6 JUNE 1992, Page 13

If symptoms

persist.. .

I FIND the English a dispiriting lot on the whole: so few of them have aspira- tions or a desire for self-transcendence. They have no ambitions; instead, they daydream, usually of a banal state of secure and effortless comfort. They despise success, excellence or even endeavour, taking only their footling entertainments with any seriousness. Last week, a schoolgirl came to me because she was being taunted at school for her stupidity. Her schoolmates regarded her as stupid because she was clever.

It is. a relief in the circumstances to turn to immigrants from India and Pak- istan. They at least have goals in life; they are also politer and better-behaved. But the shame and honour scale of val- ues they have brought with them from the subcontinent leads to problems and to tragedies of its own.

A young man came to me last week in fear of his life. To get into hospital, where he knew he would be safe, he had feigned a suicide attempt. He soon con- vinced me that he had not exaggerated the danger he was in.

He was a Muslim. Two of his friends, a boy and a girl, also Muslims, had escaped their respective parental homes so that they .might live together. They were in love, but were of different castes, and hence their parents did not approve of their liaison. The parents of both the boy and girl suspected that my patient had helped to plan the couple's escape, and demanded that he repair the dam- age to their families' public reputations which the elopement had caused (the happiness or otherwise of the couple simply did not come into it). The demand was reinforced by highly credi- ble threats.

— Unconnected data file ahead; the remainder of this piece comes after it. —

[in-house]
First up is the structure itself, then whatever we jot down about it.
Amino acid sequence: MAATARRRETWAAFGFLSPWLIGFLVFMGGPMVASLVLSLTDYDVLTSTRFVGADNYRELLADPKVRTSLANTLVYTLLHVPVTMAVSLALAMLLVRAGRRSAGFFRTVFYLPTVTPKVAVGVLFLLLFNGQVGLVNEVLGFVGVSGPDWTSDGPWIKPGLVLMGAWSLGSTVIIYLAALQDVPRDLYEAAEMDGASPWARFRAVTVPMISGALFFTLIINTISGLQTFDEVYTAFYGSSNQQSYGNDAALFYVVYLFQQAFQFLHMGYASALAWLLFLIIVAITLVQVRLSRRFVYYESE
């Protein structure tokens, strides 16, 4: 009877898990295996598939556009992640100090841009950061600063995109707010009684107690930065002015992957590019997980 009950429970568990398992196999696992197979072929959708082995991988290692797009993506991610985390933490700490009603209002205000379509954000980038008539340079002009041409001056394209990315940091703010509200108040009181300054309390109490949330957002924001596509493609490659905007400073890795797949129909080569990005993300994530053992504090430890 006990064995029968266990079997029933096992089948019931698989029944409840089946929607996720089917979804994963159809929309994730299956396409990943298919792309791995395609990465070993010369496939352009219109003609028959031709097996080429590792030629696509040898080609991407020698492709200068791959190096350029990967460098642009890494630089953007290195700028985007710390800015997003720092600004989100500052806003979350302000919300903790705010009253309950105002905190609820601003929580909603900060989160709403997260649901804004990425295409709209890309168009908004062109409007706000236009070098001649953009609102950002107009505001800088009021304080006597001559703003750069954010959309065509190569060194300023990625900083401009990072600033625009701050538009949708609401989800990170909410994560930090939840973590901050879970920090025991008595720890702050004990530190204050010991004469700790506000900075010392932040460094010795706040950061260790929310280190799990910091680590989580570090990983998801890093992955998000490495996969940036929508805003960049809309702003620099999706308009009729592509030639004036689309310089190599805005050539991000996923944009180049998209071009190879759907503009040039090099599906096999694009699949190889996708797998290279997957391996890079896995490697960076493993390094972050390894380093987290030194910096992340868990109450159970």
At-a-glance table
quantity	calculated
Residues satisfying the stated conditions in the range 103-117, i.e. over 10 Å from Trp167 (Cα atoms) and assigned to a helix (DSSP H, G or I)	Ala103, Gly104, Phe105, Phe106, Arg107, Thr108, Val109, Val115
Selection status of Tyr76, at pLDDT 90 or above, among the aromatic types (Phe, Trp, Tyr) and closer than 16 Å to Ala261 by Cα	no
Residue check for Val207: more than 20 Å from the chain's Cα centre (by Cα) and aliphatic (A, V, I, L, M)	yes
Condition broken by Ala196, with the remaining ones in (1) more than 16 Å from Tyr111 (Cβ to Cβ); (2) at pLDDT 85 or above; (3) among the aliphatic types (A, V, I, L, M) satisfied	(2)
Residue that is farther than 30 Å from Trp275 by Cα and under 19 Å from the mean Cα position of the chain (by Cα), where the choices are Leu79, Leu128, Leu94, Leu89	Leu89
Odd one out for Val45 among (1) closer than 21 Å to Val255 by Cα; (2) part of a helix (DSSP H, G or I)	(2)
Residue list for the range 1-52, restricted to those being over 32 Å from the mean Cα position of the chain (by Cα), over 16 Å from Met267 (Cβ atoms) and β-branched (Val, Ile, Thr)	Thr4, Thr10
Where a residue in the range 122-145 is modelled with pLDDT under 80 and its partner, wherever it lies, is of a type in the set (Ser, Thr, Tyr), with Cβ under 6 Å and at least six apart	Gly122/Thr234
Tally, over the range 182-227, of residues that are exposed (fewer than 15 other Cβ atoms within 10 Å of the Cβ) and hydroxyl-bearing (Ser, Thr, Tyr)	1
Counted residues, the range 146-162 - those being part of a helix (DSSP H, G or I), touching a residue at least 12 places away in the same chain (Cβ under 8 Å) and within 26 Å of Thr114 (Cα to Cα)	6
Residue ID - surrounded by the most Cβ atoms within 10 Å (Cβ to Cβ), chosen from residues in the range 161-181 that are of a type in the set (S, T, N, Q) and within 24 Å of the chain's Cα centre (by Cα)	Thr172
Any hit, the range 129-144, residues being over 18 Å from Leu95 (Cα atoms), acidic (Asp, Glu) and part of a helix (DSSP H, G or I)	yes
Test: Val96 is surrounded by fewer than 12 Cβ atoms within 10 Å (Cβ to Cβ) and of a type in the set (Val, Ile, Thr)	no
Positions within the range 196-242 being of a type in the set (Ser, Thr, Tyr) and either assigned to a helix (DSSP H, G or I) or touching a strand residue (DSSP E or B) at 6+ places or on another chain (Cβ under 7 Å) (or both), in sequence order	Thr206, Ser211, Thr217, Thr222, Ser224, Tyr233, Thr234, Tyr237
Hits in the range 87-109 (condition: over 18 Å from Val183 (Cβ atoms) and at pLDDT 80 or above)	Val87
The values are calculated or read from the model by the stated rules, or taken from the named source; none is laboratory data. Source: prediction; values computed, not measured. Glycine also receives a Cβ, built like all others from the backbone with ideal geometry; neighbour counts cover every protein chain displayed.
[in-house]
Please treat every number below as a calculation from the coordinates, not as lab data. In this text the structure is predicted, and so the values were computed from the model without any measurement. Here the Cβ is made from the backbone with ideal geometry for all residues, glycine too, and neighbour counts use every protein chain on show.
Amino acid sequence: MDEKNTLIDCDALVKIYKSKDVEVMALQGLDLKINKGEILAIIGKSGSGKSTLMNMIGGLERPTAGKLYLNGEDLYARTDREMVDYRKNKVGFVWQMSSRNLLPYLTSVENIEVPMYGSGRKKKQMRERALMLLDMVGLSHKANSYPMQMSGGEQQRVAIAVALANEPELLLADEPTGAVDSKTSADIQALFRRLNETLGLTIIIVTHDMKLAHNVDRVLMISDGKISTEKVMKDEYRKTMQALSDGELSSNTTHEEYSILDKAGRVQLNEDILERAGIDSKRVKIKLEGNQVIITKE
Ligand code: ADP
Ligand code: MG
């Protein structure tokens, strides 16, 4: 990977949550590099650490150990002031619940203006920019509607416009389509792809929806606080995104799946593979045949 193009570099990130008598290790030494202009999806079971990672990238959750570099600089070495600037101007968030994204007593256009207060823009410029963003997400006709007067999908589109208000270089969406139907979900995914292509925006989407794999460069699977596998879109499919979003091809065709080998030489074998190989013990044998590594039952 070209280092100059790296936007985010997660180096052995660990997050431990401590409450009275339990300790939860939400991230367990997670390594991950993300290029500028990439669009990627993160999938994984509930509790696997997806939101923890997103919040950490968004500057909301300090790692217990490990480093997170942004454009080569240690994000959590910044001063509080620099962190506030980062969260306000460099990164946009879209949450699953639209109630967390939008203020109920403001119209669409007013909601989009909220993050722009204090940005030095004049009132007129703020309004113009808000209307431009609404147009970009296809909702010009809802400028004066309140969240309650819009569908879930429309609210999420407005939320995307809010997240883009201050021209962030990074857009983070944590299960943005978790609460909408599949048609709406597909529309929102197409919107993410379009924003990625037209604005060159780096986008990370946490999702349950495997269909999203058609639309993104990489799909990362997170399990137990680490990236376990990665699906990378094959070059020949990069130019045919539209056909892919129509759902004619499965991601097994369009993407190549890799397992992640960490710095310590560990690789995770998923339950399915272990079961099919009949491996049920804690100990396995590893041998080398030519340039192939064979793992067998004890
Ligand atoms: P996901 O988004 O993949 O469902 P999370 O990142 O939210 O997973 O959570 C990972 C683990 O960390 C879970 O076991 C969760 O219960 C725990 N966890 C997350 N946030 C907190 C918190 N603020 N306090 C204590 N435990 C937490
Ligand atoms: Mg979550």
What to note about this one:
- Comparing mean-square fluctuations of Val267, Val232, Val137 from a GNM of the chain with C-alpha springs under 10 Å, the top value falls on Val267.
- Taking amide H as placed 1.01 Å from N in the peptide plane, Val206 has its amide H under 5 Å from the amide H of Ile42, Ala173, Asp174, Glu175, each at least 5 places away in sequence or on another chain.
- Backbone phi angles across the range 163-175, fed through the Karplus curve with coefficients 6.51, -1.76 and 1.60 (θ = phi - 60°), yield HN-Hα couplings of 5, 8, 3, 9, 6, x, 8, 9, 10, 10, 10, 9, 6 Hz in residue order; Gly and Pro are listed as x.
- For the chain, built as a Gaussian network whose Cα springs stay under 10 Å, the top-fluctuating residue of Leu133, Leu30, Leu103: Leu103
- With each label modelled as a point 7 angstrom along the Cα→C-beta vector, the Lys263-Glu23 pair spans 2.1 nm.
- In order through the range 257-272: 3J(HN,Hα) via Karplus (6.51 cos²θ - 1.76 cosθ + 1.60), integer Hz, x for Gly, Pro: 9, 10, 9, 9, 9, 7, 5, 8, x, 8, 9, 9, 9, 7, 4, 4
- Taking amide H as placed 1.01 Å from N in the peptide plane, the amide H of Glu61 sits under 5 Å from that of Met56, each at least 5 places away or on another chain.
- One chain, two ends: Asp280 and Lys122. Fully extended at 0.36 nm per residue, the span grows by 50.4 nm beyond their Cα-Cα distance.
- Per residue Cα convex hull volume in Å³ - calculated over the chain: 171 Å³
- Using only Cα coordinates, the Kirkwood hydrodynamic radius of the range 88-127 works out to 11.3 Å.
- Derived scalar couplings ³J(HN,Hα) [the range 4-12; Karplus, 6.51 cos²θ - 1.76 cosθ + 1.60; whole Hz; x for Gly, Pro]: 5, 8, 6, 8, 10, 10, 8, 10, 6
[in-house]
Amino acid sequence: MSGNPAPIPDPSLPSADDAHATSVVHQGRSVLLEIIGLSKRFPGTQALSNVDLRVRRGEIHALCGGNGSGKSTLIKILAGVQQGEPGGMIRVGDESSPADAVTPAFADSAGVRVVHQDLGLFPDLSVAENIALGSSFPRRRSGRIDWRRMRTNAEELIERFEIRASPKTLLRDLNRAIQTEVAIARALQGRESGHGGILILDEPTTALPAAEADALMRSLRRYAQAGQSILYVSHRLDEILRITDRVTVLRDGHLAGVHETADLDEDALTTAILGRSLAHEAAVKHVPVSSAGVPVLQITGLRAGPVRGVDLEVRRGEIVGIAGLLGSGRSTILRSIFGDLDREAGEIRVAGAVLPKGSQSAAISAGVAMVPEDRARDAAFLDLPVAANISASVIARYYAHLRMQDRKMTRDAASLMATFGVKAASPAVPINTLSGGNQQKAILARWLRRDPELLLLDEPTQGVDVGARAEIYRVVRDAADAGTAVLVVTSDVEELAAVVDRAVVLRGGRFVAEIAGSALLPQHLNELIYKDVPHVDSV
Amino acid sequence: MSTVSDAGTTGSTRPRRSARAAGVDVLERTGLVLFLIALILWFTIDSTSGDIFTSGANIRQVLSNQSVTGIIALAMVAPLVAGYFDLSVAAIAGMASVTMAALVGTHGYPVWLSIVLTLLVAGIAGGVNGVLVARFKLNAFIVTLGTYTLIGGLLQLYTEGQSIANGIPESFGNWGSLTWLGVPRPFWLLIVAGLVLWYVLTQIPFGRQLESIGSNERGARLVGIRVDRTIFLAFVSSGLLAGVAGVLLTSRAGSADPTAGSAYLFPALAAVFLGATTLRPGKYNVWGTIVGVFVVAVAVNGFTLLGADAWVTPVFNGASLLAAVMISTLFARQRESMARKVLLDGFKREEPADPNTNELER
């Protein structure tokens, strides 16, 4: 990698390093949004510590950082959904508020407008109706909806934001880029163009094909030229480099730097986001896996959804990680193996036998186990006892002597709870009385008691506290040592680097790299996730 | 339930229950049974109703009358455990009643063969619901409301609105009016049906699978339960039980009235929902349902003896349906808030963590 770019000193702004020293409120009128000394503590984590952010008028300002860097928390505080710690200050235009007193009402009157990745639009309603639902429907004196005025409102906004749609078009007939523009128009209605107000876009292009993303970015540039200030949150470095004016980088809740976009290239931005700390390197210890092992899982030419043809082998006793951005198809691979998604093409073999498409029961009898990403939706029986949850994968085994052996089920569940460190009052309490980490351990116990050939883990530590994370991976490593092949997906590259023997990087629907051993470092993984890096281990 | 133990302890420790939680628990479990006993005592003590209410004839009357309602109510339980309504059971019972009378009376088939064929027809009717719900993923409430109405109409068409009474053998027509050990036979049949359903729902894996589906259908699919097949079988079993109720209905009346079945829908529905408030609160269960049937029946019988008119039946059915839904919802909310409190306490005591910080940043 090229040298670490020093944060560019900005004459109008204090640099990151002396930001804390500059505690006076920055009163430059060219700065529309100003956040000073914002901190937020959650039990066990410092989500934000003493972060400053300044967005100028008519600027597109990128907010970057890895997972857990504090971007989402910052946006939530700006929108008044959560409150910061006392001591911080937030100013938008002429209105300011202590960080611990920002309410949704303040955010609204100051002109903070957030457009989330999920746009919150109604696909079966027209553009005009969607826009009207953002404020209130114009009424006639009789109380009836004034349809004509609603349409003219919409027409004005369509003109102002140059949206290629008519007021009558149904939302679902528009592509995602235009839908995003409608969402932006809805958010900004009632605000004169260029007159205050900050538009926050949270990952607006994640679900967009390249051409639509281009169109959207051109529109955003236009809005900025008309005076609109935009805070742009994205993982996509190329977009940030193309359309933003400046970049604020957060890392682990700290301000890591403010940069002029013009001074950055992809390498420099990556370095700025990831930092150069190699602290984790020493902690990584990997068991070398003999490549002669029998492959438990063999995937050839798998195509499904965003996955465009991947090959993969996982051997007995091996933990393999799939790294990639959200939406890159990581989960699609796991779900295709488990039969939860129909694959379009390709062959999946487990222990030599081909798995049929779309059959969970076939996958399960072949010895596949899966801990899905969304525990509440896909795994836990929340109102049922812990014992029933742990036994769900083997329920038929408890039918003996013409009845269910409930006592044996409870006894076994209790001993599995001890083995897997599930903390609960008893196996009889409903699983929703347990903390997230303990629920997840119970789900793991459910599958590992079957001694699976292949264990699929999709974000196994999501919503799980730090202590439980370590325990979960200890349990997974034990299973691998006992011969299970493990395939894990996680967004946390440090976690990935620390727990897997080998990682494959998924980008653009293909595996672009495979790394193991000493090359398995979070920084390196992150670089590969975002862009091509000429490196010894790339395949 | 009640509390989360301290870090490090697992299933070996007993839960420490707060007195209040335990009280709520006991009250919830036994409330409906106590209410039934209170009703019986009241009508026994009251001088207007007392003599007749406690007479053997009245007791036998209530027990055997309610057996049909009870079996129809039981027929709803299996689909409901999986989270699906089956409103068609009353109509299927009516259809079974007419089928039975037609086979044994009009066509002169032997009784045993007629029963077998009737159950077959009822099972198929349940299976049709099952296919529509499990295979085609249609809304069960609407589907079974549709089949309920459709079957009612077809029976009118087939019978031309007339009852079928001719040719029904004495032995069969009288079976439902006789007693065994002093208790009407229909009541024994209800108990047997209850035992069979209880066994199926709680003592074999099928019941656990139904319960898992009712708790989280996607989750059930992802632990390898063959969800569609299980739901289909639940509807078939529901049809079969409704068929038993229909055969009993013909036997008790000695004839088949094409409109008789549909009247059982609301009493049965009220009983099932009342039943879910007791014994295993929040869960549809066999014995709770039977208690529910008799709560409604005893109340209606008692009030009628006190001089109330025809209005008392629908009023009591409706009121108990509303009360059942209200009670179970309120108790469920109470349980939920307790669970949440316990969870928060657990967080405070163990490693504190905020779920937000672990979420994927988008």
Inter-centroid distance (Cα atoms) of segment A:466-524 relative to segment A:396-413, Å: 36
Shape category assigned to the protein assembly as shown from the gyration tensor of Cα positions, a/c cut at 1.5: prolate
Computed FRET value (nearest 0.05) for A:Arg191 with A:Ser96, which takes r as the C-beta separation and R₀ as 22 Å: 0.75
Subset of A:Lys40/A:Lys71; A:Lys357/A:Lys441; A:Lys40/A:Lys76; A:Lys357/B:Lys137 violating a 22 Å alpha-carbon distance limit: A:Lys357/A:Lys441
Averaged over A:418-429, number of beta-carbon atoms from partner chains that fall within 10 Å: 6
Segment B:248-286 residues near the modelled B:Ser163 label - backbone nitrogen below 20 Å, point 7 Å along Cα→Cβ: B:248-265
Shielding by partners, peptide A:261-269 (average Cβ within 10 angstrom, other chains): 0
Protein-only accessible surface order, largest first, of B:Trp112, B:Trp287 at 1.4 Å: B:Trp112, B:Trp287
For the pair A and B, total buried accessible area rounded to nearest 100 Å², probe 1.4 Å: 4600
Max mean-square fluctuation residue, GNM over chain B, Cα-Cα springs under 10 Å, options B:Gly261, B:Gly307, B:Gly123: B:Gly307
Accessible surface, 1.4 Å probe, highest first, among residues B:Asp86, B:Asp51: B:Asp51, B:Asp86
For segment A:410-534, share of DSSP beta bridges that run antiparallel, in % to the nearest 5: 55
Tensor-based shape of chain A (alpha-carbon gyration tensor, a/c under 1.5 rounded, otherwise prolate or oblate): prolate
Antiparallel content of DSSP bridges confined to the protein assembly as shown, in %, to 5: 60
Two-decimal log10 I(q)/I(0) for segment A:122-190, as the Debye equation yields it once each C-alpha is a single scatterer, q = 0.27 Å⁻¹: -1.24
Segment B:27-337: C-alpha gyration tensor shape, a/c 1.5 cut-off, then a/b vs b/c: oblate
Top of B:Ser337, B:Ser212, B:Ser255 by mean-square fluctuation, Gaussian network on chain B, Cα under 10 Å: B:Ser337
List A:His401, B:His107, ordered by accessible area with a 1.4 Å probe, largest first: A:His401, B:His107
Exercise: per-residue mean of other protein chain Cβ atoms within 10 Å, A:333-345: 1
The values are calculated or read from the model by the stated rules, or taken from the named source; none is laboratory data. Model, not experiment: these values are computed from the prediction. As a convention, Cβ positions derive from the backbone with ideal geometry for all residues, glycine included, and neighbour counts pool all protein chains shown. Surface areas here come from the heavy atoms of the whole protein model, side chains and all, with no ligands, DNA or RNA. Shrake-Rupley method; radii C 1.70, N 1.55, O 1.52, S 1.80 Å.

Eventually my patient set up a meeting between the girl and her parents. By arrangement, her mother took a small overdose to get into hospital, and the family met by the bedside, supposedly neutral ground. The family appealed to the girl to redeem the family honour by returning obediently to its bosom, but she could not and would not forgo the chance of happiness with her lover, and therefore refused. As she left the hospi- tal she was kidnapped by her own broth- ers, who took her by force to a city 200 miles away where, locked up in a house belonging to friends of her parents, she would be unable to bring further shame upon the family.

Her lover and my patient went a day later to the police to report her missing. The police acted with commendable decision: they arrested her family, and one of her sisters, scared out of her wits, gave the police the address where the kidnapped girl was held. A few hours later, the couple was re-united, though not happily, for they now have to live as clandestinely as members of a terrorist organisation.

As for my patient, his ordeal is far from over. To have involved the police in this matter brought infinitely more shame upon the family than aeons of the girl's misery would have done. The only way to restore her family's honour was with my patient's death; and if ever he is murdered, it will probably be with the approval of all right-minded people in the community.

Theodore Dalrymple